Using Javascript numbers

How to use Javascript numbers.

  • In Javascript all numbers are represented as floating-point with values from ±5 x 10-324 to ±1.7976931348623157 x 10+308.
    var i=1; // integer
    var f=3.2345; // float
  • Usually you write number values in base-10, but you can express values as hexadecimal (base-16) values or as octal (base-8) as well.
    // A hexadecimal literal begins with "0x" or "0X"
    // followed by a sequence of hexadecimal digits:
    // 0,1,2,3,4,5,6,7,8,9,A,B,C,D,E,F
    var h=0xf0;  // 15*16 + 0 = 240 (base 10)
    var h=0xfff;  // 15*16*16 + 15*16 + 15 = 4095 (base 10)
    // A octal literal begins with "0"
    // followed by a sequence of octal digits:
    // 0,1,2,3,4,5,6,7
    var h=070;  // 7*8 + 0 = 56 (base 10)
  • Floating-point is represented as the integral part of the number, followed by a decimal point and the fractional part of the number.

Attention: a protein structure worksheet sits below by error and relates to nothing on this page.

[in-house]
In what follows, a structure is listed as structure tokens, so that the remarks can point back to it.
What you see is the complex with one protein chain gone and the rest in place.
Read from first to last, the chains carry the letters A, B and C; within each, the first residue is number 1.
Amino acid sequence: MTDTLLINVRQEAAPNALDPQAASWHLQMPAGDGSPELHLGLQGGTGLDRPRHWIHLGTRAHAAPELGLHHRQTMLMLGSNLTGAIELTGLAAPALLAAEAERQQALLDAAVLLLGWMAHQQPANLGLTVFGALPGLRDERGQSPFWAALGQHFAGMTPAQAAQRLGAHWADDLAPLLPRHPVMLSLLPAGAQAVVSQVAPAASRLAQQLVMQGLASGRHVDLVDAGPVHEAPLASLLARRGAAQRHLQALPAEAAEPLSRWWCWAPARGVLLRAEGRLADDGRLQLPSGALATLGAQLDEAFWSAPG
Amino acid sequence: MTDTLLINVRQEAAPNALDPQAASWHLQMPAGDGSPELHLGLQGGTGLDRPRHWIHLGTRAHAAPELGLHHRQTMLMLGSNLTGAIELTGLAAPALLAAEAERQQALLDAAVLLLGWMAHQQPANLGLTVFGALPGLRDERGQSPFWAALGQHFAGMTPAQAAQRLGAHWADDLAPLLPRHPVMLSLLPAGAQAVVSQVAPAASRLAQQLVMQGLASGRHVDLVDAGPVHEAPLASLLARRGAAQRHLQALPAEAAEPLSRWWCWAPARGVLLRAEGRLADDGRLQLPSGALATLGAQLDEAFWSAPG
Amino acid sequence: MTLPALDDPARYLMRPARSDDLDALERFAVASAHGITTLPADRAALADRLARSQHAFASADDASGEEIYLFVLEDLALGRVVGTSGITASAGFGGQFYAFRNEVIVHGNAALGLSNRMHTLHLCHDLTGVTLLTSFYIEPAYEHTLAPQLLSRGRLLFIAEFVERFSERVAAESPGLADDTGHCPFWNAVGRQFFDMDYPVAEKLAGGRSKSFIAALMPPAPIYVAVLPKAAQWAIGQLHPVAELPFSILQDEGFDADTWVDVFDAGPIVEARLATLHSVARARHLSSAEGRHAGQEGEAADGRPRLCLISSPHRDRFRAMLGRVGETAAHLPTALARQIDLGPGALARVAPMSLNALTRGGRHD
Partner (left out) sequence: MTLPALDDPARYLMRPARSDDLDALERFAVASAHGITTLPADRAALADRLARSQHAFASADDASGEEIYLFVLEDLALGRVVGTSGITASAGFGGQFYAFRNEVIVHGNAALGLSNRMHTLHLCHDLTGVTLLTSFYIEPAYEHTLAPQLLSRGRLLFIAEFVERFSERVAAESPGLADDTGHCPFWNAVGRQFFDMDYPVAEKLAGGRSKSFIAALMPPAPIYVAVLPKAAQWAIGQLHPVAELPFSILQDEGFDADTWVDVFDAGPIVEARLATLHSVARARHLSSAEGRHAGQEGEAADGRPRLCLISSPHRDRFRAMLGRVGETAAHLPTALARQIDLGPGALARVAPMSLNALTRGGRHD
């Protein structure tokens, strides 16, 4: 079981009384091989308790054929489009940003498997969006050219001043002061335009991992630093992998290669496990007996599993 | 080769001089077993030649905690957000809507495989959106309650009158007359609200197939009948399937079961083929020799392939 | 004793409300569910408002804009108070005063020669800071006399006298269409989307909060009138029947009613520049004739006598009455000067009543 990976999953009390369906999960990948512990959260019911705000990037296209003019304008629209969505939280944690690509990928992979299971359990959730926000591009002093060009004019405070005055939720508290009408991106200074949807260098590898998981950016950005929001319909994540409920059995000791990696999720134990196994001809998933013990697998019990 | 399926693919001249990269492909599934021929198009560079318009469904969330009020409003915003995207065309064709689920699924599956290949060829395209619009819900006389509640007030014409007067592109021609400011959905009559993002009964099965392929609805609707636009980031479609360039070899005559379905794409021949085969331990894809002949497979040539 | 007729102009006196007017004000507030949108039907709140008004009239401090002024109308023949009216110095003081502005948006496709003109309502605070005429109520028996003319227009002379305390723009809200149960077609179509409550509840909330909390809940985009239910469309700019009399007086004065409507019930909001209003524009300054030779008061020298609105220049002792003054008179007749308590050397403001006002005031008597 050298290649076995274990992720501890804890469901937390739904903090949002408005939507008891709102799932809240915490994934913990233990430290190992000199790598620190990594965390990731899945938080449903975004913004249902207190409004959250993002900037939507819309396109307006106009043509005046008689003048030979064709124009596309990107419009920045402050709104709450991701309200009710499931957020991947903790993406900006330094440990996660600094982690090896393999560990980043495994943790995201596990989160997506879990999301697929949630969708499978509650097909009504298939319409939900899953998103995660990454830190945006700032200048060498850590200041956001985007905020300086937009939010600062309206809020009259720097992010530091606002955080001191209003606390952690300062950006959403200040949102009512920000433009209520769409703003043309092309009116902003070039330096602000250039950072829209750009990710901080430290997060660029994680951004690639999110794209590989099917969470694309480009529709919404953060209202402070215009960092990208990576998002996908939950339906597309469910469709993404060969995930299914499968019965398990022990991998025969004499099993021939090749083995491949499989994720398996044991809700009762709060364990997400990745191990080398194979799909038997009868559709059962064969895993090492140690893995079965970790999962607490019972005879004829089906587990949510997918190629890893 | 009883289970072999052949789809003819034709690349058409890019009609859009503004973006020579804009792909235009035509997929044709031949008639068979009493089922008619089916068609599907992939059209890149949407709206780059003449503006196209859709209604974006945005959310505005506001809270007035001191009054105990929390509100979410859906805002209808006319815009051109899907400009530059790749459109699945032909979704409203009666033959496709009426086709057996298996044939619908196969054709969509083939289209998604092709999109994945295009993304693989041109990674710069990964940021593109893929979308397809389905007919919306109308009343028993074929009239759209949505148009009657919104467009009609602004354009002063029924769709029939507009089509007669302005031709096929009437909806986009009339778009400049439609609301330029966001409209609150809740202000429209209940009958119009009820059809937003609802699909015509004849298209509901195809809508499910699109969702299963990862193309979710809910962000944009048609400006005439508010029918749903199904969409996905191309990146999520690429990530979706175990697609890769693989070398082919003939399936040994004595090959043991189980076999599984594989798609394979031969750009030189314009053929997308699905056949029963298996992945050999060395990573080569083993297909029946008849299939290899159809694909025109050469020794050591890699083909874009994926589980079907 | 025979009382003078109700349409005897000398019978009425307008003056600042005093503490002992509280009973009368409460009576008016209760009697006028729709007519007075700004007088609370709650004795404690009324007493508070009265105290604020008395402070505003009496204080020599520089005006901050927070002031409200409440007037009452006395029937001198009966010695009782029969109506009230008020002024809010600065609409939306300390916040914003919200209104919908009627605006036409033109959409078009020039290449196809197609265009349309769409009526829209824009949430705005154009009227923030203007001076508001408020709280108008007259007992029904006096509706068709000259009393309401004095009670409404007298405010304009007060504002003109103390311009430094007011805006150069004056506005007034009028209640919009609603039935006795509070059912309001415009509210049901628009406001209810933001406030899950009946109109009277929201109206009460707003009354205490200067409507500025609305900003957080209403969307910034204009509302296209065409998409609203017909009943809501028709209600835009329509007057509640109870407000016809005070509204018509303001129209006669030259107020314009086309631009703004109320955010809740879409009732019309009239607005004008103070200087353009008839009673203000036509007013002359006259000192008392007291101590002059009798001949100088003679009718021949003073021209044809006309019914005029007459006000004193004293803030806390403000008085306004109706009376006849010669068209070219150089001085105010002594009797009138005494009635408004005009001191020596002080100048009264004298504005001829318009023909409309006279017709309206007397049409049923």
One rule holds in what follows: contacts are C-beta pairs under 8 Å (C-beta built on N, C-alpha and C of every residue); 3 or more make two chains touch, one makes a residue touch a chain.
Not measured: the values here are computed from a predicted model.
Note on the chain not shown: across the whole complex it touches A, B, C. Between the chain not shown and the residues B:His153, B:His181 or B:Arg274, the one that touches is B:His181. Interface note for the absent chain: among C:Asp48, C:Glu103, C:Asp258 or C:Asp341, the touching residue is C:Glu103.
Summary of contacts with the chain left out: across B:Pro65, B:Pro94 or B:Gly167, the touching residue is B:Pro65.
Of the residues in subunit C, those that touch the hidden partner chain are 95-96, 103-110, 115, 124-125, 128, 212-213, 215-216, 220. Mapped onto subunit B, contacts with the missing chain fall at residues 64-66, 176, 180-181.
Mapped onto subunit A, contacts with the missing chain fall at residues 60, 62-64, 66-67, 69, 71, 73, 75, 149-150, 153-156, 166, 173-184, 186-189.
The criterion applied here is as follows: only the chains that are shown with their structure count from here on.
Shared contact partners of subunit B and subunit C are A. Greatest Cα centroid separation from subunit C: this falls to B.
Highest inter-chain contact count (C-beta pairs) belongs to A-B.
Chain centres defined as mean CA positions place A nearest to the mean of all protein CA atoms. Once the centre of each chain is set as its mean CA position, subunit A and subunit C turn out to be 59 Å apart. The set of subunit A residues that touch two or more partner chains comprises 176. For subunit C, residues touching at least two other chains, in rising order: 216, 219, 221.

var x=.333333333333333333;
    var y=6789.3476;
  • You can also express the floating-point values with exponential notation. This is done by putting the character e (or E) after the decimal digits, followed by an optional plus or a minus sign, followed by an integer exponent.
    // The full floating value syntax is then:
    // [digits][.digits][(E|e)[(+|-)]digits]
    var f=32.12345E-32;  // 32.12345 * 10-32
    var z=31.567e23;     // 31.567 * 1023
  • Javascript have some global numeric constants:
    Constant Meaning
    Infinity Special value to represent infinity. When a floating-point value becomes larger than the largest representable finite number.
    NaN Special Not-a-Number value. (when a mathematical operation (such as division of zero by zero) yields an undefined result or an error.)

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